The surreal visual experience of The Station is matched with a unique form of heavy storytelling that allows the player to discover, explore and realize events on their own.
Set years ahead, a crew was sent to a space station to study an alien civilization but something goes array and endangers the life of those on board. A team sends you, a recon specialist, to find and rescue the crew members and unravel the mystery behind the alien lifeforms, as well as uncover what really happened inside.
Platform Reviewed: PS4
Platforms Available: PC, PS4, Xbox One
Developer: The Station
Publisher: The Station
Release Date: February 20, 2018
This review is based on a review code provided by The Station.
BROKEN LIKE THE STATION ITSELF
Despite the experience and the outstanding visual glory and beautiful art, the story was bland, boring, and it simply did not captivate me as much as I had hoped. For someone like me who loves to read and enjoys heavy storytelling, The Station misses a mark somewhere down the road and has ended with more holes in the plot than the mess inside the station itself.
Unraveling the stories through finding audio logs, papers, notes, and emails in computer-like devices are, true enough, a unique and an interesting experience. However, it can also contribute to how it can immediately lose the player’s interest since that’s the only way you’ll get to know the characters and the setting. And because it is the only way, the story can’t create a full enough picture to make it impactful.
As you are trying to find the crew of three scientists, you find that the aliens are still inside the station. You can hear them and see their shadows as you move forward and solve puzzles to get to the other rooms. And I can admit that I loved the thrill and the creepiness of the experience; I was assuming that it could chase me at any time. But towards the middle, even that experience hits a miss as you start to ignore the thing altogether.
The entire game is roughly 2-3 hours of playtime, perhaps if it went for a little longer, then there could have been enough to fill the plot holes. True enough, however, that the twist ending was a pleasant surprise, but it still wasn’t enough to patch anything afterward or encourage another round. I played it twice to hopefully understand and immerse myself further but even that wasn’t enough.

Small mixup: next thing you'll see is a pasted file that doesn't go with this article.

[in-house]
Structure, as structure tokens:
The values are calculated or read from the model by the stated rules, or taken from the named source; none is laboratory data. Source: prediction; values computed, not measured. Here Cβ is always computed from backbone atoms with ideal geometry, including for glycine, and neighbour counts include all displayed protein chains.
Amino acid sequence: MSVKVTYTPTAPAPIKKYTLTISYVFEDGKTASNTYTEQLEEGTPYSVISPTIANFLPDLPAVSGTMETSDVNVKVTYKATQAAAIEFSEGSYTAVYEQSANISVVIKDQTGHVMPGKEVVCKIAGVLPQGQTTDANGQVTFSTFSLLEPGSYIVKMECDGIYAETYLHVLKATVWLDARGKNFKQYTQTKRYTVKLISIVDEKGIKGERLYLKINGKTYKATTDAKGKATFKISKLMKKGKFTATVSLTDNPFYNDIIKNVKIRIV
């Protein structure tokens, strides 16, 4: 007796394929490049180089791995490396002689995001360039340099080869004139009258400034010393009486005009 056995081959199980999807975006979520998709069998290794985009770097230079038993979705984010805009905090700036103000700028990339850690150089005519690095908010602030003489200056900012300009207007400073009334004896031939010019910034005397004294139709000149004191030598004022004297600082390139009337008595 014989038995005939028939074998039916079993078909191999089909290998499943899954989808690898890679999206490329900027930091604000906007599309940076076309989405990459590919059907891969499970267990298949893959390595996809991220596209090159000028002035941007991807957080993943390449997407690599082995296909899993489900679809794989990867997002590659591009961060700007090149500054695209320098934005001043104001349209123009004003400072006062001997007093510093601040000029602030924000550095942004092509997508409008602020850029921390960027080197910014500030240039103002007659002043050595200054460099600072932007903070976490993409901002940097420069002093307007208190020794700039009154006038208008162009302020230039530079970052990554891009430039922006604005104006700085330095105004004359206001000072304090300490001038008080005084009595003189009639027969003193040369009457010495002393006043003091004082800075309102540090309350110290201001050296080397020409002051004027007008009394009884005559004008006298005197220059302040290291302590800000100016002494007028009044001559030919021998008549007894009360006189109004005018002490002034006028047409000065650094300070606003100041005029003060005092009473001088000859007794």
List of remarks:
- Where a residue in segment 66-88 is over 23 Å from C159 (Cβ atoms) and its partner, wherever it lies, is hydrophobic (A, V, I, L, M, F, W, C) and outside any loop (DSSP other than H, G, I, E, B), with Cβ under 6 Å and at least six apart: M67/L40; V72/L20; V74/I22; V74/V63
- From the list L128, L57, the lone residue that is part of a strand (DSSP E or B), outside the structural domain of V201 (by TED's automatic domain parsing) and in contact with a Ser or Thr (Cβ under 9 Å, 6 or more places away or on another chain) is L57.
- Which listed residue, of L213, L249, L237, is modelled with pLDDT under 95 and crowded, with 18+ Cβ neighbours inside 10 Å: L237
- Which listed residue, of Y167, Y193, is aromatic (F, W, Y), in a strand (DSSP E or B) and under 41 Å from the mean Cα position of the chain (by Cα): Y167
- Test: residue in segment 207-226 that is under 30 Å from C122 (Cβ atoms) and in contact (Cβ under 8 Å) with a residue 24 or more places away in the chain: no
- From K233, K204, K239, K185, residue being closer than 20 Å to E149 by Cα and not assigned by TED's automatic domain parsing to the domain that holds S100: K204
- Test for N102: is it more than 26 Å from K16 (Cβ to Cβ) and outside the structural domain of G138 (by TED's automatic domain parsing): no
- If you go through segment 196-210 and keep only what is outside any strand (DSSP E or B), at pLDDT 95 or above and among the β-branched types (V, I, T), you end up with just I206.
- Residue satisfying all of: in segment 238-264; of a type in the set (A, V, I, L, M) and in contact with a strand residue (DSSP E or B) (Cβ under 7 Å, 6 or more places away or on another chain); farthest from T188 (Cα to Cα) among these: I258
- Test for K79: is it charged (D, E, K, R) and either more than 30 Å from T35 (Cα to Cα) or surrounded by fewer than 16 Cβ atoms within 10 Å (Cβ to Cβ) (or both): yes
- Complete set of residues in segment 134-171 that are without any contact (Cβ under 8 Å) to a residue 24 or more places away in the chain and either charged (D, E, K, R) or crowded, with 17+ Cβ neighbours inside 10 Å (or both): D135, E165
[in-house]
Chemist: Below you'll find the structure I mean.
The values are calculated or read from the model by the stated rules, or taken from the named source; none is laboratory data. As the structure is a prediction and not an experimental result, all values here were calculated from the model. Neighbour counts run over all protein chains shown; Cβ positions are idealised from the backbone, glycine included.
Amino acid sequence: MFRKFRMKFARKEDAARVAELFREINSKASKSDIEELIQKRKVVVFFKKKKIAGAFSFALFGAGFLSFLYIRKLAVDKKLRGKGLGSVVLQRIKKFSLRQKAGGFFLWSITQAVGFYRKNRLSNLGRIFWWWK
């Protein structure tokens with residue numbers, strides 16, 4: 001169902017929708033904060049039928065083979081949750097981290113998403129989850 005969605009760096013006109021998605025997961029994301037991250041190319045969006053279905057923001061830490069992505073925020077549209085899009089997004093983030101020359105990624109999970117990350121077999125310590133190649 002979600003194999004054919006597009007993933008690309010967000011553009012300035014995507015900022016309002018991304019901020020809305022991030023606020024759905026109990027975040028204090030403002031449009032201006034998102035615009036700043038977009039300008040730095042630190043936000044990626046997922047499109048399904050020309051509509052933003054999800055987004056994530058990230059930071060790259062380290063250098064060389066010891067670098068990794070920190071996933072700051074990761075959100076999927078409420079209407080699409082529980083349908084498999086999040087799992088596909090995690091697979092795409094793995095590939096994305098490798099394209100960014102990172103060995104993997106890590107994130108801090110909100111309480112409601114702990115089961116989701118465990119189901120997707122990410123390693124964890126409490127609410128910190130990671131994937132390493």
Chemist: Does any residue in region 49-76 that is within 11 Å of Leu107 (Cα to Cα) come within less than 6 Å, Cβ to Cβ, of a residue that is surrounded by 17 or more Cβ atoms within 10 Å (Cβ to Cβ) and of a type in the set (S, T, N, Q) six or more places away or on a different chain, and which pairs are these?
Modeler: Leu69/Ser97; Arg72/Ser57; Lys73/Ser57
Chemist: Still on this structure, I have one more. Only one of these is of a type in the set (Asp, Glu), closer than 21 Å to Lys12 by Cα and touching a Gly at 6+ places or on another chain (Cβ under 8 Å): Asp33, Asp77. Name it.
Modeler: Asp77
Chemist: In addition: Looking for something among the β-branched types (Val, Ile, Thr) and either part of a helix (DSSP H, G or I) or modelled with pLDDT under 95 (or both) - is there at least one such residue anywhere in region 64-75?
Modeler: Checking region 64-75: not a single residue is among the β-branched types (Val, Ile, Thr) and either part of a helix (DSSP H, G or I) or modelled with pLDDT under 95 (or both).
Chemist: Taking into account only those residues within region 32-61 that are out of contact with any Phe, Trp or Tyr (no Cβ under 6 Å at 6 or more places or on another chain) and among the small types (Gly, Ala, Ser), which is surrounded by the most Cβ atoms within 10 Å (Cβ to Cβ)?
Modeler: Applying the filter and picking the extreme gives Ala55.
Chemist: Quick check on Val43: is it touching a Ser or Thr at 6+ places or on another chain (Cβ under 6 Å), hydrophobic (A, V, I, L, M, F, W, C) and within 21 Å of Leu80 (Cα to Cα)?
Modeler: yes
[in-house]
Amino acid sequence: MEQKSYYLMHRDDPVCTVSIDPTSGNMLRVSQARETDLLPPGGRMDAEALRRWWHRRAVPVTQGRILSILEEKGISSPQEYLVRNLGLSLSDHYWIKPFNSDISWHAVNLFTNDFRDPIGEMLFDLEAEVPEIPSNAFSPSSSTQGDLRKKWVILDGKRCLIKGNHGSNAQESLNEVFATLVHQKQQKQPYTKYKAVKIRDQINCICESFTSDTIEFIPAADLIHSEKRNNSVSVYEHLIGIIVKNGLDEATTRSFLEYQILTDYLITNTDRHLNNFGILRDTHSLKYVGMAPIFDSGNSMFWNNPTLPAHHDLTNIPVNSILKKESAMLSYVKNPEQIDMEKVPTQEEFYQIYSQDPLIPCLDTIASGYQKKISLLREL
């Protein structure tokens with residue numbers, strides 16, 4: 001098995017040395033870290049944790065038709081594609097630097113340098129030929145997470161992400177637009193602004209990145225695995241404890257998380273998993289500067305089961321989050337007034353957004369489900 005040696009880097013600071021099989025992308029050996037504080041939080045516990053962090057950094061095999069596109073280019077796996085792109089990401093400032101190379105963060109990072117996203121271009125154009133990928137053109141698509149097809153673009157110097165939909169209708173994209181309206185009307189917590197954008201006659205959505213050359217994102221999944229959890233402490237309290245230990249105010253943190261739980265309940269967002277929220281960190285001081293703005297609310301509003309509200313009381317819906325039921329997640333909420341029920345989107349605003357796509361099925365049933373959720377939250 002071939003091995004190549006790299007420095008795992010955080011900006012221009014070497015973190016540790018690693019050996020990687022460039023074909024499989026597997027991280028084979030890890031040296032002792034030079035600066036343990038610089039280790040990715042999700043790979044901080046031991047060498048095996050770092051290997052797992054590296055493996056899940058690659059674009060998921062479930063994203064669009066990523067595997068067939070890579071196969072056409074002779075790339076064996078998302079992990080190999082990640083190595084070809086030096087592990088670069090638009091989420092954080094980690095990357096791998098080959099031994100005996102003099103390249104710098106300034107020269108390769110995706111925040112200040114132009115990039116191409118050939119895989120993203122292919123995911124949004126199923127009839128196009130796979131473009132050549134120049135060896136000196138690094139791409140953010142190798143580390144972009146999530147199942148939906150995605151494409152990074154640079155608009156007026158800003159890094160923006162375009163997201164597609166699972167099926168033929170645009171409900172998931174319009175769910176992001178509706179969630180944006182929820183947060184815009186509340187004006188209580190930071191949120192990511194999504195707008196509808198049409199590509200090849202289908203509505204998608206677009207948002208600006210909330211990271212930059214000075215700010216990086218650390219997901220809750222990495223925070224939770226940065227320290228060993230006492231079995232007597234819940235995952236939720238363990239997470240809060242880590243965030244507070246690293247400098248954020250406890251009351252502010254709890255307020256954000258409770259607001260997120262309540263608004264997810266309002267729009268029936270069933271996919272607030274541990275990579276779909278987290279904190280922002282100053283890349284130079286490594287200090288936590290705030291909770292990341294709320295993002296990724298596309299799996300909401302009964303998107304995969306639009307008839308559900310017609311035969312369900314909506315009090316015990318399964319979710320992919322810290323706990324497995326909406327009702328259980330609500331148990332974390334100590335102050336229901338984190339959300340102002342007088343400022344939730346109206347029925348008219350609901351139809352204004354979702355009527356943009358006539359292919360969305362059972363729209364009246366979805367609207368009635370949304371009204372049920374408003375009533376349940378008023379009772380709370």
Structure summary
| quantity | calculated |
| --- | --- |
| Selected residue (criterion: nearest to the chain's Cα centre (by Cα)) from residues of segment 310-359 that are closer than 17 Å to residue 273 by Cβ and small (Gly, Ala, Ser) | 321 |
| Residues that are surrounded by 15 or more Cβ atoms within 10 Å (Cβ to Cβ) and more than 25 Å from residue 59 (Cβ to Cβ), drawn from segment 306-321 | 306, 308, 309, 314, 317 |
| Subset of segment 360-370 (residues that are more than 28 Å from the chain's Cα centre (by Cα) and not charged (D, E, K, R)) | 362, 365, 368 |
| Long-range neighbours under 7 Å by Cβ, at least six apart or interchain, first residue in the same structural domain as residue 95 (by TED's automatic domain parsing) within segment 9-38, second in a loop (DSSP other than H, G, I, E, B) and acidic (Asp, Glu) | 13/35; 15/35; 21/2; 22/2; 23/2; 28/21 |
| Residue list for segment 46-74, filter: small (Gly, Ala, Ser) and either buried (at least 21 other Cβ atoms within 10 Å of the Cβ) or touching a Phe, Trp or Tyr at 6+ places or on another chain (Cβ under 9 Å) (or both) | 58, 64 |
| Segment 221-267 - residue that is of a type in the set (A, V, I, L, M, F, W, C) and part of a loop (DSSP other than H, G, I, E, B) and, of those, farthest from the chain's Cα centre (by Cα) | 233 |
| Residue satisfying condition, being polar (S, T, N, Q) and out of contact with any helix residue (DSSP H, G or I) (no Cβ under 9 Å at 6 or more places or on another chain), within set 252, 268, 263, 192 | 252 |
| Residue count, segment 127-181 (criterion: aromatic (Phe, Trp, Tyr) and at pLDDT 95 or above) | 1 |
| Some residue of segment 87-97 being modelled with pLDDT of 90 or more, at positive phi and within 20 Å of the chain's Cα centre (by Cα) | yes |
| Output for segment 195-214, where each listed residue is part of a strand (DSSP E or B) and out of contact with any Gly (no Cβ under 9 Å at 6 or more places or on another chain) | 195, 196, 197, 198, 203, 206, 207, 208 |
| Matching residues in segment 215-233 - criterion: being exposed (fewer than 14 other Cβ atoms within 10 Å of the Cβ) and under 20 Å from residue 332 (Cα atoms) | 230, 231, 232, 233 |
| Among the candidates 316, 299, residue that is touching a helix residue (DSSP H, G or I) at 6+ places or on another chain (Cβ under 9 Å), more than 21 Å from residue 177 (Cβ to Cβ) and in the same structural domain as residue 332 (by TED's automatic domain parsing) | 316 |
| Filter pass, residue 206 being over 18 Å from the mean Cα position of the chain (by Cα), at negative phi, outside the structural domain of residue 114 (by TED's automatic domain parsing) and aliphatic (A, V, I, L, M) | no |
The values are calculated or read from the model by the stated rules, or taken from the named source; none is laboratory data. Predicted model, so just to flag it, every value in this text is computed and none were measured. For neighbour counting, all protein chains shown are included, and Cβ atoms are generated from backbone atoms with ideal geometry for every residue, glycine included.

Meanwhile, the puzzles that require solving to unlock rooms were simple and easy. It’s mostly matching symbols and finding objects, which doesn’t give that full “escape the room” experience either. There aren’t a lot of puzzles in each room as well, so other places are just for the aesthetic appeal and to give the Station a “complete” look and slightly help with the development of the story. For example, the Science lab is one of the places you need to unlock, however, once inside, there is little to no interaction with the room itself but becomes just small hint to what the alien life form is as well as bits of character information.
To put things briefly, the exploration and art are definitely great and the main highlight of the entire game. If you’re someone who enjoys a completely visual experience with little puzzles here and there, then don’t go for it because it truly is beautiful and I would love to play more games with that much thought into small details.
However, if you’re someone who enjoys the story more than anything else and prefers an immersive experience that captivates you and entices your curiosity in the character and setting, then this might not be the game for you.